Covid-19 at home tests

Poor privacy policies could discourage some people from using them.

The primary federal legal regime protect­ing health data in the United States is HIPAA, which sets national standards for privacy policies for the protection of some personal health information.

Whether HIPAA applies to an at-home Covid-19 test depends on two factors: whether the test provider is considered a covered entity and whether the information collected falls within the scope of protected health information.

February 2022

At home fast testing​

at home fast testing

While the distribution of the Covid-19 vaccines continues, it’s not clear if the virus will create new variants and if we will need multiple covid-19 booster. It will be some time before life will resume as normal.

In the meantime, easy, reliable, and fast testing will play a critical role in stop­ping the spread of the disease, allowing both individuals and authorities to take appropriate measures.

Covid-19 at-home test kits are designed so that nasal or saliva samples can be collected by a customer outside of a medical setting and sent to a laboratory for analysis.

As a condition of the FDA’s authorization, the testing company required to develop a mobile app or website to further facilitate reporting of results by both healthcare providers and individuals using the test.

You may also like Travel Advice  

legal protection

At-home test providers and the laboratories with which they partner can collect personal and health data on their customers through several channels, including through an initial online symptom survey, purchase information, customer interactions with provider websites or apps, and test results.

Legal protections: HIPAA and FDA authorization

The primary federal legal regime protect­ing health data in the United States is HIPAA, which sets national standards for the protection of some personal health information.

Whether HIPAA applies to an at-home Covid-19 test depends on two factors: whether the test provider is considered a covered entity and whether the information collected falls within the scope of protected health information.

Covered entities include health care providers who transmit health information electronically, while protected health information refers to individually identifiable health data.

Pcr test 1
Easily test for SARS-CoV-2 infection. Collect your sample at home with a certified clinical tester who will hand deliver it to our CLIA certified lab partner. Receive secure digital results in as little as the SAME DAY.

HIPAA restrictions

While these providers would likely still be subject to hipaa restrictions as “business associates” of the labs, not being a covered entity could open the door to their using information in ways customers may not expect or explicitly agree to — for marketing, product development, or other purposes. ​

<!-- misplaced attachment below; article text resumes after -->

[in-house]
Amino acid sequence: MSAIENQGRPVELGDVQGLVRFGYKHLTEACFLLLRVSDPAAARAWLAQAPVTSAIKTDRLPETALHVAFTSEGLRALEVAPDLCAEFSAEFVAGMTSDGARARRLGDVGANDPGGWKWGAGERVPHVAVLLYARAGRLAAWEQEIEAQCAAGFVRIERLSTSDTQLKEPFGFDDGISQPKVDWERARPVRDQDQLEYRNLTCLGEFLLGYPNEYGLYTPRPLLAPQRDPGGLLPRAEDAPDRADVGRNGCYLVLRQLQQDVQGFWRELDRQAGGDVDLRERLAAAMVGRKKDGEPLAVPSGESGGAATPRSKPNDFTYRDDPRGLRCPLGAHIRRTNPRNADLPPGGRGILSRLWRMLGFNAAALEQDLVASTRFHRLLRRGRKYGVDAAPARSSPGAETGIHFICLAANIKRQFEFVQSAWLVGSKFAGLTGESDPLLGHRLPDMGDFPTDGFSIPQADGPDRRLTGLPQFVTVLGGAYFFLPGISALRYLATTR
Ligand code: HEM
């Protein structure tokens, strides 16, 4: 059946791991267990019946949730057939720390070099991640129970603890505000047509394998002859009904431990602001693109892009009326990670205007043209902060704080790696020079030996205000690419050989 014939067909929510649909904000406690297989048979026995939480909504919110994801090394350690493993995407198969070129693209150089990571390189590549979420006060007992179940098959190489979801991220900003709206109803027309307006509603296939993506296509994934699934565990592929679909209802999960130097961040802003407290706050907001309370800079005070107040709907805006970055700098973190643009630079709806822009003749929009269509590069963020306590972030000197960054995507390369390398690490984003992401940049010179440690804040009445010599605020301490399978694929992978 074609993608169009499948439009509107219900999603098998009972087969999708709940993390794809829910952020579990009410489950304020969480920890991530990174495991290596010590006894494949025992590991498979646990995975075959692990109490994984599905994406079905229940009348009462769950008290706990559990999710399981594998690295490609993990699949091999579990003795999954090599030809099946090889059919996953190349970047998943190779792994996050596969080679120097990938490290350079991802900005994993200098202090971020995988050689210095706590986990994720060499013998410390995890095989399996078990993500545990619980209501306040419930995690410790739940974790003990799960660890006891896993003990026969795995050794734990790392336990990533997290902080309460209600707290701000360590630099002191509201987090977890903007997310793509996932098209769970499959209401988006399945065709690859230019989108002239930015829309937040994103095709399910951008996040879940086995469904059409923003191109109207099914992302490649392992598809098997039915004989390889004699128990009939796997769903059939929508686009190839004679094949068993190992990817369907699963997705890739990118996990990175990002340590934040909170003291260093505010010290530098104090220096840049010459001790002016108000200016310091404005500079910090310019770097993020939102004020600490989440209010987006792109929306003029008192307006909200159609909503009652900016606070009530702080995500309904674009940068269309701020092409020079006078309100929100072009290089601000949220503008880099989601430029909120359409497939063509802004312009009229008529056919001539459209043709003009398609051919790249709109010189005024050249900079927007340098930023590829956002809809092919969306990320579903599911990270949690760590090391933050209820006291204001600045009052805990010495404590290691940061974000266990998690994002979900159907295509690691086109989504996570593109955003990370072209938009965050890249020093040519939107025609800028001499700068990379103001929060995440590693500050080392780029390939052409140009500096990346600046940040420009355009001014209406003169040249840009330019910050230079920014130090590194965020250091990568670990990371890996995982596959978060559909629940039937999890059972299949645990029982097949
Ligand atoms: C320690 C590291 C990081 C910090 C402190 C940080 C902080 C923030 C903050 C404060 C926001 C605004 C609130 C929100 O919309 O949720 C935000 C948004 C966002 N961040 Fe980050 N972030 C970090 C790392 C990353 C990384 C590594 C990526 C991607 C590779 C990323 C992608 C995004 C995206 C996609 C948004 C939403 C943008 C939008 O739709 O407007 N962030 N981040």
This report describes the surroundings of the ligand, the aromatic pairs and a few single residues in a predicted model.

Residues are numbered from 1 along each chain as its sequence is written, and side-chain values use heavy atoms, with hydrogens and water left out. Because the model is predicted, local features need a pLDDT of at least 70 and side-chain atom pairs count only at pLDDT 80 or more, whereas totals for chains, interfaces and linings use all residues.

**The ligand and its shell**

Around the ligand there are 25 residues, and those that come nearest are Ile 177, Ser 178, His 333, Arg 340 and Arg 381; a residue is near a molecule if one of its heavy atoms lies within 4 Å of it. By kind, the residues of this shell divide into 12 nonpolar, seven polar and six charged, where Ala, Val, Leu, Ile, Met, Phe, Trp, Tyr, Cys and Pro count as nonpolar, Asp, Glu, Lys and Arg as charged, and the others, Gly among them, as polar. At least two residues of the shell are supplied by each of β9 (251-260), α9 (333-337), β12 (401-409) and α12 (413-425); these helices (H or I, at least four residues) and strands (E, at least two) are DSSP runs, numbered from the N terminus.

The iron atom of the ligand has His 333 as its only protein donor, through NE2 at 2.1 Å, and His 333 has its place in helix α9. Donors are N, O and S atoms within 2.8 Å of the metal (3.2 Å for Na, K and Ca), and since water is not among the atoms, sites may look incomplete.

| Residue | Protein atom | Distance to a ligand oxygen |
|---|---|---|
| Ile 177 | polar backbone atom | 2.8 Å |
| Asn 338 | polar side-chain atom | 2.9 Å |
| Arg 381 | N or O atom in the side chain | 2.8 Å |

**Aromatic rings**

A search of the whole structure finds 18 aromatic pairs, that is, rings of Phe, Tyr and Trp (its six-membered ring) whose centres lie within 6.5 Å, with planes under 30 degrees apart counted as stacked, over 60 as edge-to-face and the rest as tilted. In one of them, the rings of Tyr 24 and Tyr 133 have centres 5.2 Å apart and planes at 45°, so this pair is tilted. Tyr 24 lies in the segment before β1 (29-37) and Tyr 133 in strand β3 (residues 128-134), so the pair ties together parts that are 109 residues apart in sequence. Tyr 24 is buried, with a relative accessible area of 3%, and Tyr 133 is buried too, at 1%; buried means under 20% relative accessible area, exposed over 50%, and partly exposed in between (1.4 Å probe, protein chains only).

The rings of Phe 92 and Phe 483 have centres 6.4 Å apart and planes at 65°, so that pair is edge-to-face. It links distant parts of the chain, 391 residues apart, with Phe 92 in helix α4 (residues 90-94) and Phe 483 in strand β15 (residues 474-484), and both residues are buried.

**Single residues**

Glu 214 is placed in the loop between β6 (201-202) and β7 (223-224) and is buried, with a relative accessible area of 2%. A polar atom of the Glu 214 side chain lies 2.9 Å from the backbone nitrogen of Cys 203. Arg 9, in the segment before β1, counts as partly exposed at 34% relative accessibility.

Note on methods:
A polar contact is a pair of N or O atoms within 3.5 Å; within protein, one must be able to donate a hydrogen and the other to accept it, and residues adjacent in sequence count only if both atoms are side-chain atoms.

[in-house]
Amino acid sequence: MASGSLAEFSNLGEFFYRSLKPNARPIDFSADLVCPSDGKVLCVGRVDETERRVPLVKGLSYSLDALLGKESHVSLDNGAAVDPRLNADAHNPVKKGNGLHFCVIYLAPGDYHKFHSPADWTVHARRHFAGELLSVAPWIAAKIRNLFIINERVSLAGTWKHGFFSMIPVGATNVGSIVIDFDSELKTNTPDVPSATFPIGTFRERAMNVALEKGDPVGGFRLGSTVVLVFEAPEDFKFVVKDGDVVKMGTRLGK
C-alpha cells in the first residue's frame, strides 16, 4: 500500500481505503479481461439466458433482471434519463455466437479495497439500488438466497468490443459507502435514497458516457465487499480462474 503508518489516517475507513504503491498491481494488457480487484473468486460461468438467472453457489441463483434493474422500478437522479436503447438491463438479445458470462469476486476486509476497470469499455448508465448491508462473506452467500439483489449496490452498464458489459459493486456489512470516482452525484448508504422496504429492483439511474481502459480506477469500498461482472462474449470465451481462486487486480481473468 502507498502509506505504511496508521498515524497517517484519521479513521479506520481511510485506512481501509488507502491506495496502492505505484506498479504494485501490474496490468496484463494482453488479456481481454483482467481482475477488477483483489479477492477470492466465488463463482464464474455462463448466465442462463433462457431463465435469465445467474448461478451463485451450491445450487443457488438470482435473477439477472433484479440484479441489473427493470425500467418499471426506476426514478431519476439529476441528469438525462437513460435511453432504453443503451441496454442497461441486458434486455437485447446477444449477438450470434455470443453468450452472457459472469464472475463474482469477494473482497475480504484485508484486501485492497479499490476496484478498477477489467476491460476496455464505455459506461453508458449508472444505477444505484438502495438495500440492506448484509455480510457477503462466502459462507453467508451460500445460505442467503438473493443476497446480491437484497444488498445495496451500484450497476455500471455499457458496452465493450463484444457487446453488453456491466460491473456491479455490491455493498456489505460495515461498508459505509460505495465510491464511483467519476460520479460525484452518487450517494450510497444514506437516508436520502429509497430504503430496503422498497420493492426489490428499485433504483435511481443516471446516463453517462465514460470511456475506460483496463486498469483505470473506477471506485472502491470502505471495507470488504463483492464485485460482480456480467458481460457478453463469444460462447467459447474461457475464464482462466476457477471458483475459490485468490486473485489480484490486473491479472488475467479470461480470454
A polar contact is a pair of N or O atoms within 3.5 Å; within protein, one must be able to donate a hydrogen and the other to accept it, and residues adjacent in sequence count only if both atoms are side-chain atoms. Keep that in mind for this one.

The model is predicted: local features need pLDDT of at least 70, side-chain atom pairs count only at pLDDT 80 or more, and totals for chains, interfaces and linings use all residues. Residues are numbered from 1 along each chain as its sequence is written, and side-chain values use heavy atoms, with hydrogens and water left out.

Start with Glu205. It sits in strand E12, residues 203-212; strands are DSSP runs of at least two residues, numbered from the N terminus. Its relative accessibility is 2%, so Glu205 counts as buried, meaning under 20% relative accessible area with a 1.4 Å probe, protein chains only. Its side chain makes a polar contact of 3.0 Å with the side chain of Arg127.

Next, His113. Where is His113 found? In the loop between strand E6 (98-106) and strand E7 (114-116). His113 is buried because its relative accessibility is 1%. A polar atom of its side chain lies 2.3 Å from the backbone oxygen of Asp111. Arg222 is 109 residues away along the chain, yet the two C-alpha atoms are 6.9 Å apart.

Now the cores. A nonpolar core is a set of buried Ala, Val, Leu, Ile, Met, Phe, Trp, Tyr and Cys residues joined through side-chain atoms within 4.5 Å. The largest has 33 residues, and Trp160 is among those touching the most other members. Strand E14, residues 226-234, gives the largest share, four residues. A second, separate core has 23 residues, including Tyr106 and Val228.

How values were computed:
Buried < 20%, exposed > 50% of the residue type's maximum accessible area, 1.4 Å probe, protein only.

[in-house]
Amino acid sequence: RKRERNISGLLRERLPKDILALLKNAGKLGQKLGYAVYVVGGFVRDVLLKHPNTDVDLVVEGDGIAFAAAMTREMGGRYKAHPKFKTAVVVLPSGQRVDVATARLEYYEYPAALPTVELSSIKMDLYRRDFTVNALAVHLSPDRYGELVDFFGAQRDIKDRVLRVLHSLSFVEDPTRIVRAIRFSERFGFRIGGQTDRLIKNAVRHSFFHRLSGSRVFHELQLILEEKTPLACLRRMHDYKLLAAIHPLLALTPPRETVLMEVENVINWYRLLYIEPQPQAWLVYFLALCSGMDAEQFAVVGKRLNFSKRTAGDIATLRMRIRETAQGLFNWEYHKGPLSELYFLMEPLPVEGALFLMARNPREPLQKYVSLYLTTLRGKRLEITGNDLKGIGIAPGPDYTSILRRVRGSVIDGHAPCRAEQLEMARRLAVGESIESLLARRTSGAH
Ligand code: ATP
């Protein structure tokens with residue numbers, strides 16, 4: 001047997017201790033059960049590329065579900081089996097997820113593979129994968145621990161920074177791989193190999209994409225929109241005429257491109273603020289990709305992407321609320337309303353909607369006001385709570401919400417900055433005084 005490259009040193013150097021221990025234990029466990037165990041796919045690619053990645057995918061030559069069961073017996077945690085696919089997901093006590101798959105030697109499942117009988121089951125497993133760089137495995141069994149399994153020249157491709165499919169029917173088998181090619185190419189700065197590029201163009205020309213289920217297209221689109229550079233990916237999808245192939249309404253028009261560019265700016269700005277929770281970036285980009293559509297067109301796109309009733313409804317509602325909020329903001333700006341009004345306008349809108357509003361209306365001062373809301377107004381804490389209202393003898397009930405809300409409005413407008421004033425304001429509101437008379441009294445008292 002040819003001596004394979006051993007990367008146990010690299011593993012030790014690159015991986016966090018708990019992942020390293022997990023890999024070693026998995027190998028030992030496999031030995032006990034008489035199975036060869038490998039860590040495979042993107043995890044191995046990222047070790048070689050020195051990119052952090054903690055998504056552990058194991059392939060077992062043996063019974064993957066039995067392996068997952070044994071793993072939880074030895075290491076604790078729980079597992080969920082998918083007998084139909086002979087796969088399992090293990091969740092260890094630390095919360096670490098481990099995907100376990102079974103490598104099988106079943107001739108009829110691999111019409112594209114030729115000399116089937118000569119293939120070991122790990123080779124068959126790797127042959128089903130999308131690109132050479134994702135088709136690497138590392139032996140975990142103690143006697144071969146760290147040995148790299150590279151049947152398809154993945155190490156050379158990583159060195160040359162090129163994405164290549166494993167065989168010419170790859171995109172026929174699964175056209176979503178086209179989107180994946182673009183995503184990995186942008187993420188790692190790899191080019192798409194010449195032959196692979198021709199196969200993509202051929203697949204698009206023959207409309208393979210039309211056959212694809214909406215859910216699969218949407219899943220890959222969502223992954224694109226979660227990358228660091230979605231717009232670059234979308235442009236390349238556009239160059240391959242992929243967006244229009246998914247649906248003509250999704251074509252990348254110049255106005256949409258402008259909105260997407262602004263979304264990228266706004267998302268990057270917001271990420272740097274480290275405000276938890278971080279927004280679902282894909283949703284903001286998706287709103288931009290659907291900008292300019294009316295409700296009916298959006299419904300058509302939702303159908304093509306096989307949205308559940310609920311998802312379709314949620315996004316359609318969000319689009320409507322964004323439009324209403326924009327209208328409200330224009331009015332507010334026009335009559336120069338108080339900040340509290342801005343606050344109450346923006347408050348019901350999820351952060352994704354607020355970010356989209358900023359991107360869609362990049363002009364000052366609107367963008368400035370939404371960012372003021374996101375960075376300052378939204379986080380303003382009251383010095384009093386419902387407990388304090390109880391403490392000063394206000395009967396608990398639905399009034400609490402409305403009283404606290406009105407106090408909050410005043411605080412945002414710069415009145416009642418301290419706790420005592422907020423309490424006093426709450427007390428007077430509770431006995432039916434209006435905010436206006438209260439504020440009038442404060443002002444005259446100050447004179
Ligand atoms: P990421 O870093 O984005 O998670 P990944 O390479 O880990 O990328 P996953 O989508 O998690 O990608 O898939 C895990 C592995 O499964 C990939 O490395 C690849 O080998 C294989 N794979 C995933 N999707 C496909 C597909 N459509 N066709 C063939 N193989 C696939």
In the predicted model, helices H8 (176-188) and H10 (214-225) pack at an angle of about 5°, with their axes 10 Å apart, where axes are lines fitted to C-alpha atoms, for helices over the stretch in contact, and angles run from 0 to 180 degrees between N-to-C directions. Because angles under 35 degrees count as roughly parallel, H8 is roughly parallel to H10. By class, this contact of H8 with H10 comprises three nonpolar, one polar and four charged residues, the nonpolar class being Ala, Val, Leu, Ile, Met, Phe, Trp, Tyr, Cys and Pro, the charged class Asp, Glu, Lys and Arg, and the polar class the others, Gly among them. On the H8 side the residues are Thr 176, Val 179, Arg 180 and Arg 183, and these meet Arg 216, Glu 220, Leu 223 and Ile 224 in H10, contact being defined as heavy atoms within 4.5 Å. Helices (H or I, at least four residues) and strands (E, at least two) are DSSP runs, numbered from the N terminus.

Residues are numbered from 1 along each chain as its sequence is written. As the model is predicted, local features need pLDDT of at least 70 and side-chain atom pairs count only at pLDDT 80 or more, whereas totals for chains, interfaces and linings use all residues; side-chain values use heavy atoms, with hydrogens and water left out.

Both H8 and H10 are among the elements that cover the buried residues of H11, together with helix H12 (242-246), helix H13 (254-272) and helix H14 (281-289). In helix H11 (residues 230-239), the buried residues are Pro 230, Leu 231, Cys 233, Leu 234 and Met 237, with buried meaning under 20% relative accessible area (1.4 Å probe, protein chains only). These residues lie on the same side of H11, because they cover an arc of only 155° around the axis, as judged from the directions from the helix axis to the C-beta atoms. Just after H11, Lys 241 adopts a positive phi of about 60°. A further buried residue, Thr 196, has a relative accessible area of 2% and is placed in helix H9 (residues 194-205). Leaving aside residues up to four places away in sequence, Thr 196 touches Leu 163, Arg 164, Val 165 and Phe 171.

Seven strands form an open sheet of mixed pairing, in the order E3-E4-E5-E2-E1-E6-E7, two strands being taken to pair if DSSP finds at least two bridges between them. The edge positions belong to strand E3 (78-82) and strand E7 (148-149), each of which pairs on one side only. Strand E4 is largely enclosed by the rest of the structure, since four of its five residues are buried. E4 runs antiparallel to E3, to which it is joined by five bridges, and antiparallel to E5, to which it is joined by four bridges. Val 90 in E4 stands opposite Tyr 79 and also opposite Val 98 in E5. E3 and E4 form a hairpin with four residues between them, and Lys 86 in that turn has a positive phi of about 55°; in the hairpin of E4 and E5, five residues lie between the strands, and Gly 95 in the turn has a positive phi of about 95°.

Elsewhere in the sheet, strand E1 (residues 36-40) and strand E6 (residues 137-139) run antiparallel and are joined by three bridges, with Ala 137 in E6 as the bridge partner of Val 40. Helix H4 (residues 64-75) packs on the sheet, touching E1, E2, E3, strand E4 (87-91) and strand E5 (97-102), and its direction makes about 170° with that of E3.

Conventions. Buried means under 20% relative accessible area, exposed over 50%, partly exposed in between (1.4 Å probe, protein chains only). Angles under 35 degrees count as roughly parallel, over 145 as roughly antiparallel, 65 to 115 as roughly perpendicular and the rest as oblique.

While these providers would likely still be subject to HIPAA restrictions as “business associates” of the labs, not being a covered entity could open the door to their using information in ways customers may not expect or explicitly agree to — for marketing, product development, or other purposes.

To the extent at-home kits are eventually used in ways more akin to a pregnancy test, meaning they are available for customers to purchase off-the-shelf with results never handled by the test provider, the provider would likely fall completely outside the scope of HIPAA protections.

Privacy policy states that the company may use customer data if it “believe[s] in good faith that such use is other­wise necessary or advisable.

Data protection

Beyond HIPAA, while a customer may expect the FDA to consider the privacy protections of a test before granting an emergency authorization, data privacy is not listed as one of the criteria considered for authorization, meaning that FDA authorization guarantees little about a provider’s privacy practices.

As some health providers explicitly states in its privacy policy, this data might include the groups the customer is associated with on social media or a list of friends who did not consent to their names being shared.

Privacy policy states that the company may use customer data if it “believe[s] in good faith that such use is other­wise necessary or advisable.

By disclos­ing customer data to third parties for commercial use, and provid­ing little transparency into what data is shared and with whom, test providers make it more likely that sensitive data could be leaked, used to discriminate, or sold by data brokers without over­sight or consent.

Fight­ing the pandemic effect­ively Ultimately, at-home Covid-19 test­ing remains a valu­able option to keep testing rates up, particularly since travel and rates of Covid-19 cases increased during the holidays and drop-in test­ing can take hours.

Want the quality of the PCR test done from the comfort of your home?  

Leave a Reply

Your email address will not be published.